Deepa Mehta has been working on her elemental trilogy since the
mid-1990s. The initial entry was
FIRE (1996), which I liked but not as
much as the second entry
EARTH (1998). The third movie, WATER,
faced a troubling production history. Hindu extremists had objected
to the content of both
FIRE and EARTH and after an early draft of
WATER was leaked to the press, there was a direct campaign to halt
the production before it began in 2000. Mehta was forced to suspend
production after threats, bureaucratic nightmares, and violence in the
form of riots that destroyed the film's sets.

 After regrouping, and going off to film a couple of other movies
returned to the controversial material. With a new cast and new
locations, she set out to make the film she intended, a look at
the plight of widows in India set in the late 1930s as India was
struggling for independence. Because of religious and societal
restrictions, women who were widowed were forced to live together and
were shunned by their families and many in the community.

WATER centers on Chuyia (the extraordinary child performer
Sarala), a nine-year-old who was married off by her family. When her
older husband dies, she is returned to her family who send her off
to live in the city of Banaras with a group of widows. She is the
youngest and doesn't quite understand what has happened to her,
expecting at any moment to be sent home. Chuyia immediately dislikes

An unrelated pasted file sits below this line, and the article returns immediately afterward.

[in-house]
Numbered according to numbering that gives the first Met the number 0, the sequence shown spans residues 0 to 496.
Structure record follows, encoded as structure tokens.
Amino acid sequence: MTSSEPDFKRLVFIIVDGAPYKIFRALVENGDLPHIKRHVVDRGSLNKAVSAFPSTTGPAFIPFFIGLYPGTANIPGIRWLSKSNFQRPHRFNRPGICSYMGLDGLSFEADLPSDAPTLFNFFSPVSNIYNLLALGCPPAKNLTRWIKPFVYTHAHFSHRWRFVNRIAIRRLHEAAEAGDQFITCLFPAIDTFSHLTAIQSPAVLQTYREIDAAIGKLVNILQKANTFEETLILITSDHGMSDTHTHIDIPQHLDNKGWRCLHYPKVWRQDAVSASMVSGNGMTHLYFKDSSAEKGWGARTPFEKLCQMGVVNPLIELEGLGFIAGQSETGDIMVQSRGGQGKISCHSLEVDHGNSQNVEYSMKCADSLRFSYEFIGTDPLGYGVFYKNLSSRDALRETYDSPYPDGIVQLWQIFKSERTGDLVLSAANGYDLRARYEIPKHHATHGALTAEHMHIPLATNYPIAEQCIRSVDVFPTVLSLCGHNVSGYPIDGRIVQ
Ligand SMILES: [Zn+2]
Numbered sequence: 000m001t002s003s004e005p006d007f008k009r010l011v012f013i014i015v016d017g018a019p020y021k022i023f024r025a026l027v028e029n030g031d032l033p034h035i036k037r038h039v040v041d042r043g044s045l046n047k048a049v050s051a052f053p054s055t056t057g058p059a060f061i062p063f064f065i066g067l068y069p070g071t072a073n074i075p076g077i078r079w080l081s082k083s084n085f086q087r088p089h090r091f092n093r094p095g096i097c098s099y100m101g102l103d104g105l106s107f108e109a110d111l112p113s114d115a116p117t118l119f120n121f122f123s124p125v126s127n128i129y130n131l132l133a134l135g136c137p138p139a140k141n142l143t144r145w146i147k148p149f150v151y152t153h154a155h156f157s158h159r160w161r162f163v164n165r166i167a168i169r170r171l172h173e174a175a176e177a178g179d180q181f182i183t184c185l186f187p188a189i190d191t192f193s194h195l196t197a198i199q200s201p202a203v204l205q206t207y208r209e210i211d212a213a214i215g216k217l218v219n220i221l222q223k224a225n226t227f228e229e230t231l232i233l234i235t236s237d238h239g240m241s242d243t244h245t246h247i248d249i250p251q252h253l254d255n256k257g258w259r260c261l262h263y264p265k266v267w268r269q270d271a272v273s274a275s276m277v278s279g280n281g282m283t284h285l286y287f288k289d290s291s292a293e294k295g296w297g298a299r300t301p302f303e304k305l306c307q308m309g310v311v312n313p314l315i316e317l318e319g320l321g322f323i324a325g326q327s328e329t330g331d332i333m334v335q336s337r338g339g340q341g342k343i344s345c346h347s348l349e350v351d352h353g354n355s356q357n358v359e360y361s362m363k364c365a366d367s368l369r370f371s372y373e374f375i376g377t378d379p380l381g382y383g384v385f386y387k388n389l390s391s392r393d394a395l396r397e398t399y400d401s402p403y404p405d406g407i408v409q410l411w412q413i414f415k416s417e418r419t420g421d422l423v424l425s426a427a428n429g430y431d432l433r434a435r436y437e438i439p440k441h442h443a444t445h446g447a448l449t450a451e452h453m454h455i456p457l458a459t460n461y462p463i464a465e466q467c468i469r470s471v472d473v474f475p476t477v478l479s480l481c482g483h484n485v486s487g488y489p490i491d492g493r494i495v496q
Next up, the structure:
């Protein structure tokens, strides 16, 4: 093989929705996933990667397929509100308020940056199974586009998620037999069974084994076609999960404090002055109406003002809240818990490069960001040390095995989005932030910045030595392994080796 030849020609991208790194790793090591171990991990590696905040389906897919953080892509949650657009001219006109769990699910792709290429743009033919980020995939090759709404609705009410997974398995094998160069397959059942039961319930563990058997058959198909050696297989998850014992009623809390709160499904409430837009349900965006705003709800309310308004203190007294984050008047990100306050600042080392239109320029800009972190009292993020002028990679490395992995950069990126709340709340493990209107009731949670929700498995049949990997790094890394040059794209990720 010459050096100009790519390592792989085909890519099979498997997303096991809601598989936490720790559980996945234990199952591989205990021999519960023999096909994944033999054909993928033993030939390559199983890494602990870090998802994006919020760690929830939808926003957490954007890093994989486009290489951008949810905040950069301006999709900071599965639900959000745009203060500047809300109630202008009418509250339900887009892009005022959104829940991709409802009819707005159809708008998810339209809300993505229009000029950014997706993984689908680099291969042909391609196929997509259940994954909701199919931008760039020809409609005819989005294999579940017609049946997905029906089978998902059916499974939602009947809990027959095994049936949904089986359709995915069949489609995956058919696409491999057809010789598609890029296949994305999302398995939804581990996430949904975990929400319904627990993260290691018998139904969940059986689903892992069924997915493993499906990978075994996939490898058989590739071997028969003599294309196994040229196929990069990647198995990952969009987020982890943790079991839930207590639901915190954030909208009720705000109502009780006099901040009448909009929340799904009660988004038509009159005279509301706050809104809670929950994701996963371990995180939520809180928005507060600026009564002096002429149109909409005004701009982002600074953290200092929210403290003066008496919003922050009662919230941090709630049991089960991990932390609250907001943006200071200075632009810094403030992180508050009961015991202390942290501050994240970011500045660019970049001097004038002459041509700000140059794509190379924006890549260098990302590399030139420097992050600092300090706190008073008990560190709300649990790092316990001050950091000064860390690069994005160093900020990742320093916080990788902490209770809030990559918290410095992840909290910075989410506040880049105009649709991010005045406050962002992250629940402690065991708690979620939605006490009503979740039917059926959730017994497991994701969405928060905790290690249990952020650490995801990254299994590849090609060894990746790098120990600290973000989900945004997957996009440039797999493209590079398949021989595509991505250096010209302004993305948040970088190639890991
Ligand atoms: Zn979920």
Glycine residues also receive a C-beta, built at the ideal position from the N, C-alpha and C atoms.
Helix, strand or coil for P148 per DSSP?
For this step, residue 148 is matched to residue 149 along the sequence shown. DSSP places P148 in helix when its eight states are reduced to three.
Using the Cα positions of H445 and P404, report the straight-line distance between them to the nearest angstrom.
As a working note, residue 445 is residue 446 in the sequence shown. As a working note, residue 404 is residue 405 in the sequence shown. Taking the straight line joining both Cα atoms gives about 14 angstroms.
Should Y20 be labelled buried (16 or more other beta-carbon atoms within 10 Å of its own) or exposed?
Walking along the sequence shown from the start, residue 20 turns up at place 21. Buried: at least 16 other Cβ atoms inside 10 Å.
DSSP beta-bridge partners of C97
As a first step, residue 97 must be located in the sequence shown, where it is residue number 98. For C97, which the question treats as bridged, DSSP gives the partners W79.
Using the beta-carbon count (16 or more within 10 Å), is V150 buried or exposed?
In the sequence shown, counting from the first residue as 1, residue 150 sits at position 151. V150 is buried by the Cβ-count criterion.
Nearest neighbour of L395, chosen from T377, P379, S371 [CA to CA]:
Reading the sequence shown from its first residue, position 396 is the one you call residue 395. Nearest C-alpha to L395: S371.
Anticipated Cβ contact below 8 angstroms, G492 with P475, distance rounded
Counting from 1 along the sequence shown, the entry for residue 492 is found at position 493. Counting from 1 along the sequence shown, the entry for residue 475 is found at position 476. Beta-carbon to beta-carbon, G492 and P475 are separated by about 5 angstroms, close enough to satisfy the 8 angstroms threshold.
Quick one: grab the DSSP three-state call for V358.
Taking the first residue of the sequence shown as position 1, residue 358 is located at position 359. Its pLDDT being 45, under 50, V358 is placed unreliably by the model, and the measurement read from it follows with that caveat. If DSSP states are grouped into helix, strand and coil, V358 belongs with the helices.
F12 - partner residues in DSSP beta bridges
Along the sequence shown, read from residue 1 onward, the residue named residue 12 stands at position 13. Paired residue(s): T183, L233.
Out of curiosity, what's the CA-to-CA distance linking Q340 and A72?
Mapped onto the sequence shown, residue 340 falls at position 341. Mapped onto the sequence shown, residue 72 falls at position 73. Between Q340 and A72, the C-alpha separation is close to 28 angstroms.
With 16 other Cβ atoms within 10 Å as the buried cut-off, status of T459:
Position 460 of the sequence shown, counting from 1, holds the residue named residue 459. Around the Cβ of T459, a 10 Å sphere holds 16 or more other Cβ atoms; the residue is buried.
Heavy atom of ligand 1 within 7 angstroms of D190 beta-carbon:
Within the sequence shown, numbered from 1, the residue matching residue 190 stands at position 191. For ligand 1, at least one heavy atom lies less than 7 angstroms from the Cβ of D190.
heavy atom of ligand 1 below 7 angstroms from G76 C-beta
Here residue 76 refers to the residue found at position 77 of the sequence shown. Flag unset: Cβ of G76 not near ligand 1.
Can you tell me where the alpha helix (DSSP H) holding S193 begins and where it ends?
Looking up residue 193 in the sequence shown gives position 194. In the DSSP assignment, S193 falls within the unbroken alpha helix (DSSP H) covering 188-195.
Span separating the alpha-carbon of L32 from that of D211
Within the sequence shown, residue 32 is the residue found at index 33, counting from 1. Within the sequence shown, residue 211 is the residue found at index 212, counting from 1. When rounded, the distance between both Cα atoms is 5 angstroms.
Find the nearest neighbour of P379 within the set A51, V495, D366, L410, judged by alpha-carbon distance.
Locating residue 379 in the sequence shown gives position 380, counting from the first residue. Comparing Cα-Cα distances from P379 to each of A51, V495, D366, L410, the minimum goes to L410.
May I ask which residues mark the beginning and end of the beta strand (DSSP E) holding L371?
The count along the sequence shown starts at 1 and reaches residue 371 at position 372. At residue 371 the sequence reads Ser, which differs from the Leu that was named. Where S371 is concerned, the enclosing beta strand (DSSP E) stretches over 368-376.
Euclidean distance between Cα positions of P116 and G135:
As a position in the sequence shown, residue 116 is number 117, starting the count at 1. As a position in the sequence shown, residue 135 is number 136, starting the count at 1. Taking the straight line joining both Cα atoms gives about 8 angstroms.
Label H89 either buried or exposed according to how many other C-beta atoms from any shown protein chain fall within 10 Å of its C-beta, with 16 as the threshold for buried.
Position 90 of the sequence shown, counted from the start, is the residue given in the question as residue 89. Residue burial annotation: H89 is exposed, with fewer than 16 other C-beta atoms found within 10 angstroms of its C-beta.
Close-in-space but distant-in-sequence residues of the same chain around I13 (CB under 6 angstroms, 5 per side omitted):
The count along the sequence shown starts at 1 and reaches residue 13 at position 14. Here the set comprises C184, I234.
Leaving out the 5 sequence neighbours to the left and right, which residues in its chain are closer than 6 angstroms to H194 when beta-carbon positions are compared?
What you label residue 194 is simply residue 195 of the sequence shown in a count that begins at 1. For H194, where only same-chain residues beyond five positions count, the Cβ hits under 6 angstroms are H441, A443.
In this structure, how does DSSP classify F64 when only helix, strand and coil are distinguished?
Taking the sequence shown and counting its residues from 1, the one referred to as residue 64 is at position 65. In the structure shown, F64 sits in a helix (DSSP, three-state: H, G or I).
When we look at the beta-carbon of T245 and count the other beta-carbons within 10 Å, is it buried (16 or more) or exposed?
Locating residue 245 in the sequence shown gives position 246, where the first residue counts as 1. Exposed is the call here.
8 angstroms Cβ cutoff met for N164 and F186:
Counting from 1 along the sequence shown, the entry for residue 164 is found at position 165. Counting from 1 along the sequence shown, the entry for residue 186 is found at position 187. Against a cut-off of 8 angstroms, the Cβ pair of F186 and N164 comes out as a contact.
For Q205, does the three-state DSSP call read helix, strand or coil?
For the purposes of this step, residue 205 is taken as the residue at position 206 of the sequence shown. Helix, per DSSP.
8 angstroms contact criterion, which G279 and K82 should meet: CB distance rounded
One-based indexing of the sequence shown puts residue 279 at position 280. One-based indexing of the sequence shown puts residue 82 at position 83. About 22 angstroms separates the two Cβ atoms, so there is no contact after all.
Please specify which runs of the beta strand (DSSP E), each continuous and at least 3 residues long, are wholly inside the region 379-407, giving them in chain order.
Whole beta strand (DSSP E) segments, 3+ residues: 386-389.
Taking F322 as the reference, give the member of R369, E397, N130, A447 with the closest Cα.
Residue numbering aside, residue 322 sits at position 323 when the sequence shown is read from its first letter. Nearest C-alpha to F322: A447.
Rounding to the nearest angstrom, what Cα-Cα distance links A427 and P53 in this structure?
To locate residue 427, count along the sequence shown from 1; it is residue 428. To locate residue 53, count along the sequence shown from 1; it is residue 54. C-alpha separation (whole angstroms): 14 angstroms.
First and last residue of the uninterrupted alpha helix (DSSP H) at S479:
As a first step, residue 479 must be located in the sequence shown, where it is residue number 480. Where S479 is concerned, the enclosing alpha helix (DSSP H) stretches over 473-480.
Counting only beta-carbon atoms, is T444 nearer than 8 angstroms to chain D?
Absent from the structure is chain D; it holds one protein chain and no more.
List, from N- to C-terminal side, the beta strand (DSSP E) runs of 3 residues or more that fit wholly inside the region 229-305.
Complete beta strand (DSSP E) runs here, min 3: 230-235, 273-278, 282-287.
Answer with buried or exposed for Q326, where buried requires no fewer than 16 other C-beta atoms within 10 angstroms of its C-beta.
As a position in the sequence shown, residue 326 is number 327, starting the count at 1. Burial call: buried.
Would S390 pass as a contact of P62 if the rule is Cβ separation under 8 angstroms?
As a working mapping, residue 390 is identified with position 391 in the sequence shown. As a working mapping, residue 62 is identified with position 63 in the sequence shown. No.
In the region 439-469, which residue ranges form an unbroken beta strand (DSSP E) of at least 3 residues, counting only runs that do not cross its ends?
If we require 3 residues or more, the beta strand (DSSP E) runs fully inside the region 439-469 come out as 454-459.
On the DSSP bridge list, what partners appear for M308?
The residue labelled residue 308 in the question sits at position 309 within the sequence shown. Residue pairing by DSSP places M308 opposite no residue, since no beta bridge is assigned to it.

Madhumati (Manorama), the head of the house, and instead is drawn
to the maternal Shakuntala (Seema Biswas) and the sisterly Kalyani
(Lisa Ray).

 Kalyani herself is struggling with the restrictions placed on her.
In order to survive, she has been allowed to grow out her hair and
serves as a prostitute at the behest of Madhumati. But she has also
met and fallen in love with Narayan (John Abraham), a headstrong young
man who is a follower of Mahatma Gandhi. There love story is one of the
main subplots that results in tragedy.

 In a childlike way, Chuyia aims to hurt Madhumati over a slight,
and the older woman exacts a terrible revenge on the youngster. When
Shakuntala learns of what has transpired, she springs into action and
makes a decision that breaks with devout beliefs.

 Mehta has directed one of the most moving films of the year.
And surprisingly, not much has changed in the last 70 years. The
tradition of sequestering widows continues in India. Mehta deserves
praise for spotlighting this situation.
WATER is one of the year's best

         Rating:              A-
         MPAA Rating:      PG-13 for mature thematic material
                                         involving sexual situations, and
                                         for brief drug use
         Running time:    117 mins.
©  2006 by C. E. Murphy. All Rights Reserved.